HARLEY-DAVIDSON’S entry-level trio of the Iron 883, the Superlow and the Forty-Eight were each fairly significant bikes for the marquee, as far as the Indian market was concerned. As it turned out, a large percentage of the biking population was hungry for Harleys, and the Sportster series was the most affordable initiation into the Harley club. The Superlow was the most affordable one  in the Sportster series, but it was discontinued, since Harley had a new motorcycle on the way.

On the surface, the 1200 Custom doesn’t seem to be too different from the Forty-Eight — it even wears the same shoes — but there are plenty of small changes which add up to transform how the bike feels. The 1200’s got more of a retro, chrome-laden, custombobber sort of vibe to it, one which has been missing from the Sportster range so far. It’s got a chunky, 26-inch front tyre, new suspension, a bigger tank and a brand new seat, thereby ironing out all the niggles that plagued the previous model.

The engine is perhaps the only aspect of the motorcycle that feels familiar. It’s the same 1202cc, air-cooled, Evolution V-twin that’s found in the Forty- Eight. H-D never reveal the power figures on their motorcycles, but the Evo V-twin, more so than others, is all about torque (9.7 kgm). It’s got a raw, earthy and decidedly traditional torque curve that Harley seems to have preserved well over the decades. And this, along with the riding position, makes it seem much faster than it actually is.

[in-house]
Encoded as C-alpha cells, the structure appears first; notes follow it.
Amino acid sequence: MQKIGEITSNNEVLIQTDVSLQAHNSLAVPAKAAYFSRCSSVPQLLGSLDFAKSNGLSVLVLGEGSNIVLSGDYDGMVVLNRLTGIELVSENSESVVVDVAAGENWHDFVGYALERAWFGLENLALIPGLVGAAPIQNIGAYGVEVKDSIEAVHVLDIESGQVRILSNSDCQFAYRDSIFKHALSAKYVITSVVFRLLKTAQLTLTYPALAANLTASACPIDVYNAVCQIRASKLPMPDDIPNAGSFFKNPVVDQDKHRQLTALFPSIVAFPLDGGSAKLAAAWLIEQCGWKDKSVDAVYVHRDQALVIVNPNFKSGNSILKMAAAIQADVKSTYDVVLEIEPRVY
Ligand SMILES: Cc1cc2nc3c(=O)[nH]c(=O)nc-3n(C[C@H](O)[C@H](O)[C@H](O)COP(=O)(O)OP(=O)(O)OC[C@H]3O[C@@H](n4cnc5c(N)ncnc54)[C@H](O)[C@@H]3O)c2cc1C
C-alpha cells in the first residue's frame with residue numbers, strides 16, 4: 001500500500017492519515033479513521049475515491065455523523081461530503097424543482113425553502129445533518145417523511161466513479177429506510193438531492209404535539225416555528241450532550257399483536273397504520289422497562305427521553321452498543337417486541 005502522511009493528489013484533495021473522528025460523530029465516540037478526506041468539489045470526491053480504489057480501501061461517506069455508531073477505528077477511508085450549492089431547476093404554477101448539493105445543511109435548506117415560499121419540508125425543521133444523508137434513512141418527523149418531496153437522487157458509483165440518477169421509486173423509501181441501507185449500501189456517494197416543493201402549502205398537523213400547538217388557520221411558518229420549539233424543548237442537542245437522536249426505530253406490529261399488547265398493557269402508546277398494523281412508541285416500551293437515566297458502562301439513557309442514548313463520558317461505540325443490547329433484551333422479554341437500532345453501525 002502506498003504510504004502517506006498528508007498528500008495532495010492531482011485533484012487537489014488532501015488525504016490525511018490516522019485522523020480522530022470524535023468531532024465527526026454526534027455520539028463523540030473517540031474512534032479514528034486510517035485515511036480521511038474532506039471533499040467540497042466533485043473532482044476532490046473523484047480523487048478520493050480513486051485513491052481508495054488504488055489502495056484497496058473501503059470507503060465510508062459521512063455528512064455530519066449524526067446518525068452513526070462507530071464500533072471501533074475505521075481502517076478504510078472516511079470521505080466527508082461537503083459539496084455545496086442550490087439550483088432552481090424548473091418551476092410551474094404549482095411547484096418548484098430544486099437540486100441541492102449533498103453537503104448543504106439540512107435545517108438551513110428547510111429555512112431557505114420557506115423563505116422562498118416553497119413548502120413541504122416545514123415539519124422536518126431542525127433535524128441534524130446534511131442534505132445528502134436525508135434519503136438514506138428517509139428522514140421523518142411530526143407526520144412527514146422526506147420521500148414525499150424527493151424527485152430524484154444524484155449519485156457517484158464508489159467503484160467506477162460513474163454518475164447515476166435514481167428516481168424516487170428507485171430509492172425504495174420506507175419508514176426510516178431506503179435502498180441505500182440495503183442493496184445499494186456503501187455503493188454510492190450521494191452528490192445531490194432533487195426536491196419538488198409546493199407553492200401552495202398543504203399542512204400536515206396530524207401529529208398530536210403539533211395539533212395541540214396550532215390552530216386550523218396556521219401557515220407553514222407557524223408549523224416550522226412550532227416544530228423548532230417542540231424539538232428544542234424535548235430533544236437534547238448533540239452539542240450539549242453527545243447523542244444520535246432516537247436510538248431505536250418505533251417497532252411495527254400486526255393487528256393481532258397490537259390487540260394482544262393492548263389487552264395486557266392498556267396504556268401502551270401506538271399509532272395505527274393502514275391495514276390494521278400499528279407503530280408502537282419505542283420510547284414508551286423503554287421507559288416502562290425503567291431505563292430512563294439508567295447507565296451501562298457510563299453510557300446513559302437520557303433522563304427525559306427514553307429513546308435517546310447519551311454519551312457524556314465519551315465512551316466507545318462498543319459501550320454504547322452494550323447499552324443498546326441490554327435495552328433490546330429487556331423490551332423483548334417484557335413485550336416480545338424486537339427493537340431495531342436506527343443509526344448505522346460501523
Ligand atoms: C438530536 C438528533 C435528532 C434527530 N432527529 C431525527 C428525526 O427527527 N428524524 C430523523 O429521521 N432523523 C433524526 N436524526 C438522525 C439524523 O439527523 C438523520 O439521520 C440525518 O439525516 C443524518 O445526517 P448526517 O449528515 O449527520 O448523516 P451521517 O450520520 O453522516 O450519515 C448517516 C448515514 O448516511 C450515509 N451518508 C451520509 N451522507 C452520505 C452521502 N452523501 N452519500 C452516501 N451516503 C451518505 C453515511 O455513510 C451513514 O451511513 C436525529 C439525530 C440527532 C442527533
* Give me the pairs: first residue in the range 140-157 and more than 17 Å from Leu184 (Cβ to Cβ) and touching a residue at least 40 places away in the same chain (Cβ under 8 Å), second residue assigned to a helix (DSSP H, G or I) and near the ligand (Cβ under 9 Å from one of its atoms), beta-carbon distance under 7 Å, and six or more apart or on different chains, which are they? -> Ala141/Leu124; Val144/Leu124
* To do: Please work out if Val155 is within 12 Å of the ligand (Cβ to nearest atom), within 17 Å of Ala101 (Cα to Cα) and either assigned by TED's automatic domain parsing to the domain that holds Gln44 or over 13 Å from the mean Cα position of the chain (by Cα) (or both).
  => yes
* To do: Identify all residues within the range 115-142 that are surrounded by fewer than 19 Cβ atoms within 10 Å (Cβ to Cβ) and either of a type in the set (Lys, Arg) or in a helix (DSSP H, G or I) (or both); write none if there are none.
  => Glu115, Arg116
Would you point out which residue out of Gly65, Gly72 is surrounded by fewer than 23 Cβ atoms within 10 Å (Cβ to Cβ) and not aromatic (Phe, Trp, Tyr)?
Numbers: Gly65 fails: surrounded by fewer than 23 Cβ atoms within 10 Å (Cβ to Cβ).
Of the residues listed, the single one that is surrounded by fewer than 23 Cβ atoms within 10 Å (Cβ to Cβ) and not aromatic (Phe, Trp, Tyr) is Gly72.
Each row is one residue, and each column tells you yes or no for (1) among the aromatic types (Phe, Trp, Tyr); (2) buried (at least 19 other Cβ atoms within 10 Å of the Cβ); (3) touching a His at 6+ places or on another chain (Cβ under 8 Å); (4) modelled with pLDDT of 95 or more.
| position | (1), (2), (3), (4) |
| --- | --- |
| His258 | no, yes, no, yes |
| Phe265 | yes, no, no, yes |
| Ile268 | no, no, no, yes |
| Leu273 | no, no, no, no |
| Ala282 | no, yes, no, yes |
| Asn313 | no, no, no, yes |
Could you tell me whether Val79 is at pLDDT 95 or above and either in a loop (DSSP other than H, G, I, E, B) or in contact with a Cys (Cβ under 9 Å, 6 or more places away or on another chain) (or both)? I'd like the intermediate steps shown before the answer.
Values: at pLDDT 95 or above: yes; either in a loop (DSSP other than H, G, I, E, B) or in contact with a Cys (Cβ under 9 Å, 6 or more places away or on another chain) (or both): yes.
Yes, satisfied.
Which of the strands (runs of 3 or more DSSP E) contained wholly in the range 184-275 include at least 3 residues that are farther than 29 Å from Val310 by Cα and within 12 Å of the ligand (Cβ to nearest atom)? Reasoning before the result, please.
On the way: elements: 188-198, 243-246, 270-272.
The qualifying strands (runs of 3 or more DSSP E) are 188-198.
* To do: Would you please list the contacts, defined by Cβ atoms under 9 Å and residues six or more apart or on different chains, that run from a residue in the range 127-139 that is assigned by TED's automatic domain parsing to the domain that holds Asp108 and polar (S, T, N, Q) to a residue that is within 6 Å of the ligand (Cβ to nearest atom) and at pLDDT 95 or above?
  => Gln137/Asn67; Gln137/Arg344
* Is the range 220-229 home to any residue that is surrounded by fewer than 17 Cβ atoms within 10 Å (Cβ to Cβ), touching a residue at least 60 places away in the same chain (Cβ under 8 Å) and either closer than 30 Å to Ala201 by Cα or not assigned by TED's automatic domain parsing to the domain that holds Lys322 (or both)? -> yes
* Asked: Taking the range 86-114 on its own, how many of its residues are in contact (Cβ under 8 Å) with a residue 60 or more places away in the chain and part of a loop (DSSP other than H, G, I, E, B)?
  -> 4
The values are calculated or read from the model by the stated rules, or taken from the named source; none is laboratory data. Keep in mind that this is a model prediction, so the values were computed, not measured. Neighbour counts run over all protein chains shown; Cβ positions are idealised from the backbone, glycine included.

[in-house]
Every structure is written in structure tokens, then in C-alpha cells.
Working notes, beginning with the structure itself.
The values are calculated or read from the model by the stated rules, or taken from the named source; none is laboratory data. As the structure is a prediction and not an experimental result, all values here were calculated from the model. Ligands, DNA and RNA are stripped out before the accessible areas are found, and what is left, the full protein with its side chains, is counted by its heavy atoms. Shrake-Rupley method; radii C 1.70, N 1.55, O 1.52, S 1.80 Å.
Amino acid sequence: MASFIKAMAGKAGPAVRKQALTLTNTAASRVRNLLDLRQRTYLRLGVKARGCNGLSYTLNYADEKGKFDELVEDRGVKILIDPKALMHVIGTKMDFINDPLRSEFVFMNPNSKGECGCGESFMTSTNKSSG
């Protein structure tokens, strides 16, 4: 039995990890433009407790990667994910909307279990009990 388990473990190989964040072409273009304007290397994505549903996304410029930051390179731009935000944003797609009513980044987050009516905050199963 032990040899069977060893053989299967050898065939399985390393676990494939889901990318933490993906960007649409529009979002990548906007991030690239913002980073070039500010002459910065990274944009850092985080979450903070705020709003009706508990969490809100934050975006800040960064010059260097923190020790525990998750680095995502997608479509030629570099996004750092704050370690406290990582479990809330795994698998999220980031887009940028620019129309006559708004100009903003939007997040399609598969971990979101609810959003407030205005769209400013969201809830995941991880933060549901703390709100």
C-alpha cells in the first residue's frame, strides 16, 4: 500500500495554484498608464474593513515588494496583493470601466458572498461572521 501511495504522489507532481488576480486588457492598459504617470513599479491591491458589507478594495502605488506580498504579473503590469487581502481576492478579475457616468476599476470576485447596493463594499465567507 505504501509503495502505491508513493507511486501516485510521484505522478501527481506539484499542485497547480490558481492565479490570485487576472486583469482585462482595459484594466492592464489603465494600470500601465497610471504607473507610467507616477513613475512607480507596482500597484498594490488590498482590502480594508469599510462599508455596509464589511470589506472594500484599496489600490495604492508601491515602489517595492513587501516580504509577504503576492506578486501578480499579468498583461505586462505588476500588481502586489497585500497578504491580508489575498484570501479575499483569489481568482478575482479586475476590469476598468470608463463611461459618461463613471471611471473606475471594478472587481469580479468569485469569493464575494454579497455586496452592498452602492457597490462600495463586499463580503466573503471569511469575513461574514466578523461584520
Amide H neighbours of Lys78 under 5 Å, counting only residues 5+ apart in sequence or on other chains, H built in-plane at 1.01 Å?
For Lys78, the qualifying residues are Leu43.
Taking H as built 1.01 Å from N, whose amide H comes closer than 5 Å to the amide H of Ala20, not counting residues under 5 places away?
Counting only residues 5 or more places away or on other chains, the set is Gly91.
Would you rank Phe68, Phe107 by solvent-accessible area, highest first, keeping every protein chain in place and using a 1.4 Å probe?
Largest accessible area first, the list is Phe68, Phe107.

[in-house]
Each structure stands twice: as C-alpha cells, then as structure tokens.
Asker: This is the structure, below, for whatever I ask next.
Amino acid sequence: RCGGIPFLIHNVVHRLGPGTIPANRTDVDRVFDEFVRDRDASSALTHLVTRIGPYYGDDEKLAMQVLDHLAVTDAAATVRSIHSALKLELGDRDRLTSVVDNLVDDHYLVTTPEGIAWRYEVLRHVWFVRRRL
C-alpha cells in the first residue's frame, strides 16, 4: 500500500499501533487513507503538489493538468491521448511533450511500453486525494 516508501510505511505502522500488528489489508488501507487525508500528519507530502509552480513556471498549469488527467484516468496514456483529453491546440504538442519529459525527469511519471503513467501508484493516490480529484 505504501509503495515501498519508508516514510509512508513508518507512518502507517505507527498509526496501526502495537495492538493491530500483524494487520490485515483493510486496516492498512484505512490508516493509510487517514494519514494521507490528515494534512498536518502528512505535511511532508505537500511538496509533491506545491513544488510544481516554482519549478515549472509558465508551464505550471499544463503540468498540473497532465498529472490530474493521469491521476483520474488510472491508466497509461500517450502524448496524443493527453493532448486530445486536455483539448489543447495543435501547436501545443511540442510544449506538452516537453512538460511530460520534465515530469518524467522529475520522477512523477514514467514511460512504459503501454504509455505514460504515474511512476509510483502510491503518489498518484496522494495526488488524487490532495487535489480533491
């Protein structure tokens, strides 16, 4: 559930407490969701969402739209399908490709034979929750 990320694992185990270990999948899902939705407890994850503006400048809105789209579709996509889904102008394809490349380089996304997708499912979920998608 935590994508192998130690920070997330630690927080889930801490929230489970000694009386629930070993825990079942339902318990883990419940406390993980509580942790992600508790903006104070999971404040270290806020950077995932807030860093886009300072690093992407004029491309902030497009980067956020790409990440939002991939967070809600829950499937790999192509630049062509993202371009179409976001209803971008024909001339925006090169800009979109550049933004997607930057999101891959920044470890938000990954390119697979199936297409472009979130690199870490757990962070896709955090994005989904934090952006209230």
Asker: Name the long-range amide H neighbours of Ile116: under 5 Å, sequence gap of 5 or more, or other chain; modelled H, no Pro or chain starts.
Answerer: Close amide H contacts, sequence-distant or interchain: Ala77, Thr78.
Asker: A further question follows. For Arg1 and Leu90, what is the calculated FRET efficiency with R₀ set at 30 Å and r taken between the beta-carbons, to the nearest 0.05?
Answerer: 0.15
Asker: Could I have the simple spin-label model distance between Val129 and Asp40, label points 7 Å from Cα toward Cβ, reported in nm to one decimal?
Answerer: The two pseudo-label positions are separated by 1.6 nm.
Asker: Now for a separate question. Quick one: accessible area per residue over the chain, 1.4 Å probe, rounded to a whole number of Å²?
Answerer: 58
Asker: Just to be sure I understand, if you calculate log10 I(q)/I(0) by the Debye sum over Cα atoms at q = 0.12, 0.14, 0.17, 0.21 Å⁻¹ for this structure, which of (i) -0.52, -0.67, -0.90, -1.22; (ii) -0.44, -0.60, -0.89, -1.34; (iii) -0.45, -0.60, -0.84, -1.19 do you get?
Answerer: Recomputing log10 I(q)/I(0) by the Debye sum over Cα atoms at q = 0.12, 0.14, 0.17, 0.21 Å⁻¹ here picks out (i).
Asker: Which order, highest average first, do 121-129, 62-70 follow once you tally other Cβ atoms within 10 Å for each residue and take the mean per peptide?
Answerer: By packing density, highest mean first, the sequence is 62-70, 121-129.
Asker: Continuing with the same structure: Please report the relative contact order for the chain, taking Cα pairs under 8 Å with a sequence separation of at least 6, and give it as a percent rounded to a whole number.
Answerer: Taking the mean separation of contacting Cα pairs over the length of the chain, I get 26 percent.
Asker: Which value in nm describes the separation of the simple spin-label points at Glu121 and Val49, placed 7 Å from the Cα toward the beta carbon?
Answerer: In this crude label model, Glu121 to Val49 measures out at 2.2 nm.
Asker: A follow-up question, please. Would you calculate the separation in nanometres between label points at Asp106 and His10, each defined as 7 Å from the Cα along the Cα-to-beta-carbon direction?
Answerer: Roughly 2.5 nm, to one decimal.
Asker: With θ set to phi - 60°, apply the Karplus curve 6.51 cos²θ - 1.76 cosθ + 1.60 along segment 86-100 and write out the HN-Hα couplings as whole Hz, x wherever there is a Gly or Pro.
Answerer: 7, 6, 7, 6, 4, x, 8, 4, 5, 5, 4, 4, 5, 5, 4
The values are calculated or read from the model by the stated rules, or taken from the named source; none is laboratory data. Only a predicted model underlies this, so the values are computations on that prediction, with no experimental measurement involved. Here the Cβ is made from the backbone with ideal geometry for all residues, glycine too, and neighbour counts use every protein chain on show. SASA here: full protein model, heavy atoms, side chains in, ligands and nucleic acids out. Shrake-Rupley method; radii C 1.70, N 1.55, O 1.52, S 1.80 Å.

What we like: Styling, comfort and practicality

What we don’t: Lack of ABS, engine vibrations at idle


 

Although the Sportster series has always represented Harley’s urban, street-friendly ambitions, the 1200 Custom is, of the three, most suited to long-distance riding. It’s got a larger 17-litre tank, which allows it to cover longer distances without constantly stopping for fuel. It’s also got a more sweptback rider position, unlike its siblings, and that makes it a lot more comfortable over long-distance cruises. It’s city riding that Harley needs to be more concerned about, because it’s precisely there that Harley’s issues with refinement tend to crop up. Firstly, the engine vibrates quite a bit at idle, and the gearbox feels too clunky, especially in first gear. There’s also the usual trouble going into neutral, and it’s about time someone did something about that. Then there’s the need for ABS, which crops up every now and then during hard braking. The new suspension, however, makes the bike feel much more balanced while entering a corner.

With its five-spoke cast-iron wheels and a small chrome lip above the round headlamp, the 1200 Custom packs enough retro charm to provoke double takes. It’ll never run out of torque, and with a significantly larger tank, it’s less likely to run out of fuel as well. In a lot of ways, it’s the Sportster that aims to be more like its more expensive, big-bellied cousins — which makes it the best and the cheapest compromise between urban, street bobber and highway cruiser that Harley has to offer.